Q: Are you playing football? [for Americans, they mean soccer] You were recently seen at FC Shakhtar’s practice. Who of the players are your friends? Would you like to try out for the team? As Usain Bolt trains with Borussia and can even play if needed. What do you think about this idea?
A: I can train anywhere, but it doesn’t mean that I would play a real game. I mostly play football on Sony Playstation, and sometimes we play on floor in the gym during practice. I mostly in touch with Pyatov, Stepanenko and Rakistkiy from FC Shakhtar.

Q: I know that you’re competing a lot and you’re dreaming about vacation. What kind of vacation do you prefer? Active or passive? What do you choose: to lie in sand on a sea coast or not to stay still, keep climbing, running, walking somewhere?
A: Climbing, running and walking is really not for me, I’ve very lazy. I like to lie at the beach.

Q: We saw your 7.2 pbars in Switzerland. Does it mean that you’re going to compete this routine at Euros and Worlds next year? Or it’s not ready yet? Will you be adding difficulty on other apparatuses?
A: Of course, we’ll be trying to change and add something, because you can’t stay in one place, younger athletes are always behind, pushing and trying to pass us. Regarding the pbars, I’ve been training this routine for a long time now and I’ll be competing it. I was in Germany and my coach said that it’s ok not to finish the routine, but we added a new element, and this element has to be done all the time.

Q: You talked in one of the post-Rio interviews about wanting to start a Verniaev foundation. How’s it going, will it be possible? Or it will be killed by bureaucracy?
A: It’s turned out to be not that simple, so for now I’m not doing anything about it, I just don’t have enough experience.

Q: After the Rio Olympics you became much more popular. Do you have an official fan club or some group on a social network?
A: Of course, I’m on all the social networks myself, and there’s also a group, girls are in charge of it. Im also posting all the news myself.

Q: Do you spend a lot of time on social networks?
A: When I have time, I go online. My phone’s always with me, if there’s something important, I’, answering right away, otherwise I find time to answer later.

Q: What’s your New Year wish?
A: At this moment, I only wish that everyone will be healthy – my friends, parents, coaches. Health is the most important thing and I’ll take care of the rest. And, of course, I wish for the war in our country to stop, for all the problems to end, so that we could start growing and using our potential. Because our country can do a lot, but we’re at the bottom for now. That’s what I want. We just need to be kinder and more positive and to love other people.

Q: What are your plans for the New Year’s Eve?*
A: Depends on who’s coming to the party. Last year we had an amazing night, it was just me and two friends, we got into a car with lots of champagne and drove around the city. Of course, I wasn’t drinking, because I was driving. One of my friends is in KVN**, so he’s got a great sense of humor. I had a loudspeaker that I brought from Germany, so we were yelling jokes from the car window. If we saw a fun company, we would stop and offer champagne for a poem***, for example. Talked to everyone, offered food and drinks, had fun. We didn’t organize anything, but it was a lot of fun. That was not just a regular party at the apartment, very unusual. That was the 4th New Year I spent sober.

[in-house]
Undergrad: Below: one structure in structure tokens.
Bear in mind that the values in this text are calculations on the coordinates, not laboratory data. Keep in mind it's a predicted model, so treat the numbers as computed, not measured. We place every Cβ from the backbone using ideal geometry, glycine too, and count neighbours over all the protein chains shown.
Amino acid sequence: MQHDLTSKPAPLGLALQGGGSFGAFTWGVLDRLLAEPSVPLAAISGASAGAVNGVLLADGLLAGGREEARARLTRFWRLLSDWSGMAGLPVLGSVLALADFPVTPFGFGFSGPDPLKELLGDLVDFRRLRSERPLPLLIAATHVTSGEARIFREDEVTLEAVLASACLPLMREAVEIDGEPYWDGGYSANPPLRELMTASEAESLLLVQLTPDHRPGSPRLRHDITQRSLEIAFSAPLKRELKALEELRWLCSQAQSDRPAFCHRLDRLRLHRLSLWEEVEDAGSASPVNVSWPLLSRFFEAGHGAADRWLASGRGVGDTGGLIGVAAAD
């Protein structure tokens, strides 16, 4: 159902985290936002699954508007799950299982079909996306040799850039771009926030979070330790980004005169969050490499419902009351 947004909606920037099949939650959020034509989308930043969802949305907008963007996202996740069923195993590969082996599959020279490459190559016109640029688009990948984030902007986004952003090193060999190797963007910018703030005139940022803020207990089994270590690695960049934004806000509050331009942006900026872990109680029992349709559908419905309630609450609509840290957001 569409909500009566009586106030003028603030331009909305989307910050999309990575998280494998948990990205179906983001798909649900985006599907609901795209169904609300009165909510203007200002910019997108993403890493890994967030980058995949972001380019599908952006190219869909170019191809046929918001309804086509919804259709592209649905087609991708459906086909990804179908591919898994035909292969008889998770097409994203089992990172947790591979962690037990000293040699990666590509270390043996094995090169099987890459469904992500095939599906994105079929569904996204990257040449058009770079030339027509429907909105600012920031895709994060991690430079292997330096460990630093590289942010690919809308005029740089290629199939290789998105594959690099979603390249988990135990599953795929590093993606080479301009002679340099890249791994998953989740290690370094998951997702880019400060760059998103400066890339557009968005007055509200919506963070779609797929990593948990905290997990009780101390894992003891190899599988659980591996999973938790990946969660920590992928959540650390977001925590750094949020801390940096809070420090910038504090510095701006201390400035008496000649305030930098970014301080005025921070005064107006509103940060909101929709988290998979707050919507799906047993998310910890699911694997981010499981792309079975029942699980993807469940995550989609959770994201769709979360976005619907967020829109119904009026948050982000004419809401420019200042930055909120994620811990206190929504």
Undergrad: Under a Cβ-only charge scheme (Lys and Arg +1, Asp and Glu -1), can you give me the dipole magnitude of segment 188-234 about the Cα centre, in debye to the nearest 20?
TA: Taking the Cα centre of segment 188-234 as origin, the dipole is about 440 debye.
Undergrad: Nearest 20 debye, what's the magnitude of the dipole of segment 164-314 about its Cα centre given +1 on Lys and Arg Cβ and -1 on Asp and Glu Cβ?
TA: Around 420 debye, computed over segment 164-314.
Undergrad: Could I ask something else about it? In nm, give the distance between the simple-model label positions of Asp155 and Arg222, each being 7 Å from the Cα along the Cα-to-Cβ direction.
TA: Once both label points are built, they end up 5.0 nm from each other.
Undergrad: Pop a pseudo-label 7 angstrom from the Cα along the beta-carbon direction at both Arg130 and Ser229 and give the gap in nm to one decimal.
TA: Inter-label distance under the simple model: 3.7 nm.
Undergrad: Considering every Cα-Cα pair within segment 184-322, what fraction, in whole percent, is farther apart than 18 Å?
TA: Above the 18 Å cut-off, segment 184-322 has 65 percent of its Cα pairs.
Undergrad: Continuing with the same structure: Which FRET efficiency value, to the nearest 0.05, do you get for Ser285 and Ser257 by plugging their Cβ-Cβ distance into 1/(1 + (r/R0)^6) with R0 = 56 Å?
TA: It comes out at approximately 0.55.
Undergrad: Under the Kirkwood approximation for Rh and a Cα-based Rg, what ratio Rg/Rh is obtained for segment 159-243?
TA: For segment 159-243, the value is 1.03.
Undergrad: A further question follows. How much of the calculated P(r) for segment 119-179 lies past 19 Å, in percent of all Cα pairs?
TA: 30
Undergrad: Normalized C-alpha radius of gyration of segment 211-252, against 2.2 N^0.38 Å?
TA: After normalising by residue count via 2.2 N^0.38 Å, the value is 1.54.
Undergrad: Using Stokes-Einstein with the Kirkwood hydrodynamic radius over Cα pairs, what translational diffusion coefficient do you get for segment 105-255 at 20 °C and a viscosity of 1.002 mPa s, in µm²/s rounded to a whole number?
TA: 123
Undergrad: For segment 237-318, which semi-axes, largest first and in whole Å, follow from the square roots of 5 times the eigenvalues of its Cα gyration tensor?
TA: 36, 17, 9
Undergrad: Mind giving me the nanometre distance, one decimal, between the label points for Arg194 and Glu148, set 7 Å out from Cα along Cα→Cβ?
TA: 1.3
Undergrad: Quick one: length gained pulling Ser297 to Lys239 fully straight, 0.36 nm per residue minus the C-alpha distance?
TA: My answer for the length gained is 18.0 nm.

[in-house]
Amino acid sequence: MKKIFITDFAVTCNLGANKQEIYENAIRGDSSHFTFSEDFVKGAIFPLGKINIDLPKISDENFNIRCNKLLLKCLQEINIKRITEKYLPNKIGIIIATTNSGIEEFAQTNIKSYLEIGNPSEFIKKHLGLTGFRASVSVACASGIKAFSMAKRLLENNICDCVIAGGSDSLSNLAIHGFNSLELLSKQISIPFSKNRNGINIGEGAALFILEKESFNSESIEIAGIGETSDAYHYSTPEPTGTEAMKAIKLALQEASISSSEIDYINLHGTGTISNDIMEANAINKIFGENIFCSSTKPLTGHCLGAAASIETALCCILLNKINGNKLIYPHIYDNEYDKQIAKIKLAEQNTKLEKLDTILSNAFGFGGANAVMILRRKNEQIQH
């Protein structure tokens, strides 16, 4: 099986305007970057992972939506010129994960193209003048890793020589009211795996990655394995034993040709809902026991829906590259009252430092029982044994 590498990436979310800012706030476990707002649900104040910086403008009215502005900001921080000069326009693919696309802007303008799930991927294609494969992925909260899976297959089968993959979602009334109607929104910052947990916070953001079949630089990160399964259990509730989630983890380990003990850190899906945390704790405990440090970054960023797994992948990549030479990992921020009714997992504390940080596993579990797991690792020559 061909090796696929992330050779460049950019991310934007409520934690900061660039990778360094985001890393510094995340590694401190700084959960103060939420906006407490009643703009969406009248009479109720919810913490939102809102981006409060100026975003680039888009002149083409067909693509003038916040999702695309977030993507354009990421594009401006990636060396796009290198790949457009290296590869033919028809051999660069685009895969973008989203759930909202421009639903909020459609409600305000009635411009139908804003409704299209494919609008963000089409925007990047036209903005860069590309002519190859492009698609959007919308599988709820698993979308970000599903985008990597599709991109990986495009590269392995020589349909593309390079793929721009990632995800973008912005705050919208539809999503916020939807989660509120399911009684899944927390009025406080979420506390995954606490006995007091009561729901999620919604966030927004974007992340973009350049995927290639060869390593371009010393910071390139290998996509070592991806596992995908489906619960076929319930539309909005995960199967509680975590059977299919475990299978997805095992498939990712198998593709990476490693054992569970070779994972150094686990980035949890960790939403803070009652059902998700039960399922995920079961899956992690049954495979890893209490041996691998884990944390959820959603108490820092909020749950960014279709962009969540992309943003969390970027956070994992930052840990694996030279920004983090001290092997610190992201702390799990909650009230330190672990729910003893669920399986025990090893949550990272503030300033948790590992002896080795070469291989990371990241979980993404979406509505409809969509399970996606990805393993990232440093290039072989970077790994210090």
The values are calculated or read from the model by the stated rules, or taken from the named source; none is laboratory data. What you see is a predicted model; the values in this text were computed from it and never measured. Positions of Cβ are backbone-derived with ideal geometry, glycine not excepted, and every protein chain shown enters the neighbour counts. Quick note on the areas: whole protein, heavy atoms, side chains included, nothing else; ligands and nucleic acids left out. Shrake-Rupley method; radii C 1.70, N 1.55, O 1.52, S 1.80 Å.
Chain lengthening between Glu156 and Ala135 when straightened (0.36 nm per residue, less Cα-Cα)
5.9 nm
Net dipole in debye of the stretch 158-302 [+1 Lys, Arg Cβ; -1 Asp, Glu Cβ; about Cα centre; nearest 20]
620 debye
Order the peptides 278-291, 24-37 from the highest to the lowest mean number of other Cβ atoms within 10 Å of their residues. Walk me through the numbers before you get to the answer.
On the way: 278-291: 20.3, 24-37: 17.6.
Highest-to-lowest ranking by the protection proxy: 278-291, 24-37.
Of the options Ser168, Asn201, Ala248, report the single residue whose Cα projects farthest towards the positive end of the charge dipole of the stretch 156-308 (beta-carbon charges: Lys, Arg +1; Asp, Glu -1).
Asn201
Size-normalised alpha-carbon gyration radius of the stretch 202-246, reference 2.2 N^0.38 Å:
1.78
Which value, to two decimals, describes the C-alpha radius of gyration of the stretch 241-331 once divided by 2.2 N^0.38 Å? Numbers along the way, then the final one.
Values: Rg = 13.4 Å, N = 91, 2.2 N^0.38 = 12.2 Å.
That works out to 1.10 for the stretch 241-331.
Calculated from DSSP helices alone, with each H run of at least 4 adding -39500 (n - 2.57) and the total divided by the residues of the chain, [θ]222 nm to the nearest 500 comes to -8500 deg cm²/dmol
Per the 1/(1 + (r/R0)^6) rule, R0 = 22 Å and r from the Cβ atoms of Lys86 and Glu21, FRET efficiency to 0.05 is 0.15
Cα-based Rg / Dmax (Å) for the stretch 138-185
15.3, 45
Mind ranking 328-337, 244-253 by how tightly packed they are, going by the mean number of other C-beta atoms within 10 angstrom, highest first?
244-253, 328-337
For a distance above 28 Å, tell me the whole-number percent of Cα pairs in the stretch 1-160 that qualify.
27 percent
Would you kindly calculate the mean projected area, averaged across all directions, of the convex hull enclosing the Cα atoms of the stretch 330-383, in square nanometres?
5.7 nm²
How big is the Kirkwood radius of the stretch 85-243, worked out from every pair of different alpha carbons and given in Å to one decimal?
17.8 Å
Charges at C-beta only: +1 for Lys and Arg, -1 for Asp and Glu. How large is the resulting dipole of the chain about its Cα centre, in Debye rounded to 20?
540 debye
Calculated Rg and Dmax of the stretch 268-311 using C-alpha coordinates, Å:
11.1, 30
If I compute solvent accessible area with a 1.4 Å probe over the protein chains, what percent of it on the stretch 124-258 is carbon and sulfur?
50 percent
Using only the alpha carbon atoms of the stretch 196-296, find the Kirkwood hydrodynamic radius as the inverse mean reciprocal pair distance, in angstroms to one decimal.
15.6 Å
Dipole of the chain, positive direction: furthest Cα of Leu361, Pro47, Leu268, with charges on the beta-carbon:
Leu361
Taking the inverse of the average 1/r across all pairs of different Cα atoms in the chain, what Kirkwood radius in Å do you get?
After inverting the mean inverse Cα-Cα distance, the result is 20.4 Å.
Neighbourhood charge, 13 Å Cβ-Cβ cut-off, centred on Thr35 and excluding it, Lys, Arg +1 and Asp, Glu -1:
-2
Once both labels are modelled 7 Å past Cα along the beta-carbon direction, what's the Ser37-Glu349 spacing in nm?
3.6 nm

*For those unfamiliar with Russian/Ukrainian/Post-Soviet country, we don’t celebrate Christmas. In USSR religious holidays were prohibited, so people celebrated New Year instead of Christmas. It’s the biggest holiday of the year, everything is decorated, there are New Year’s trees, parties, and people get gifts and a long vacation. People celebrate till morning, usually with family and/or friends and they normally drink a lot. You can also find lots of people celebrating in the streets even though it’s cold. Christmas is celebrated on the 7th of January and only by religious people.

**Wow, I’m explaining a lot of cultural stuff today. This interview was for a local website and quite informal, so the audience of the website would understand all this references, but, of course, international fans are probably unfamiliar.
So, KVN is a humour competition, kind of similar to stand-up, done only in the FSU, hard to explain to foreigners. I found a Wiki article in English about it.

*** In the FSU countries there’s a tradition that children get up on a chair, read a poem they memorized and get a gift for their effort. Older people do it too, especially when they’re drunk and it’s a New Year’s party. It’s fun. Some poems can be dirty. In general, we Russians know a lot of poems by heart, because we have to memorize hundreds of them at school.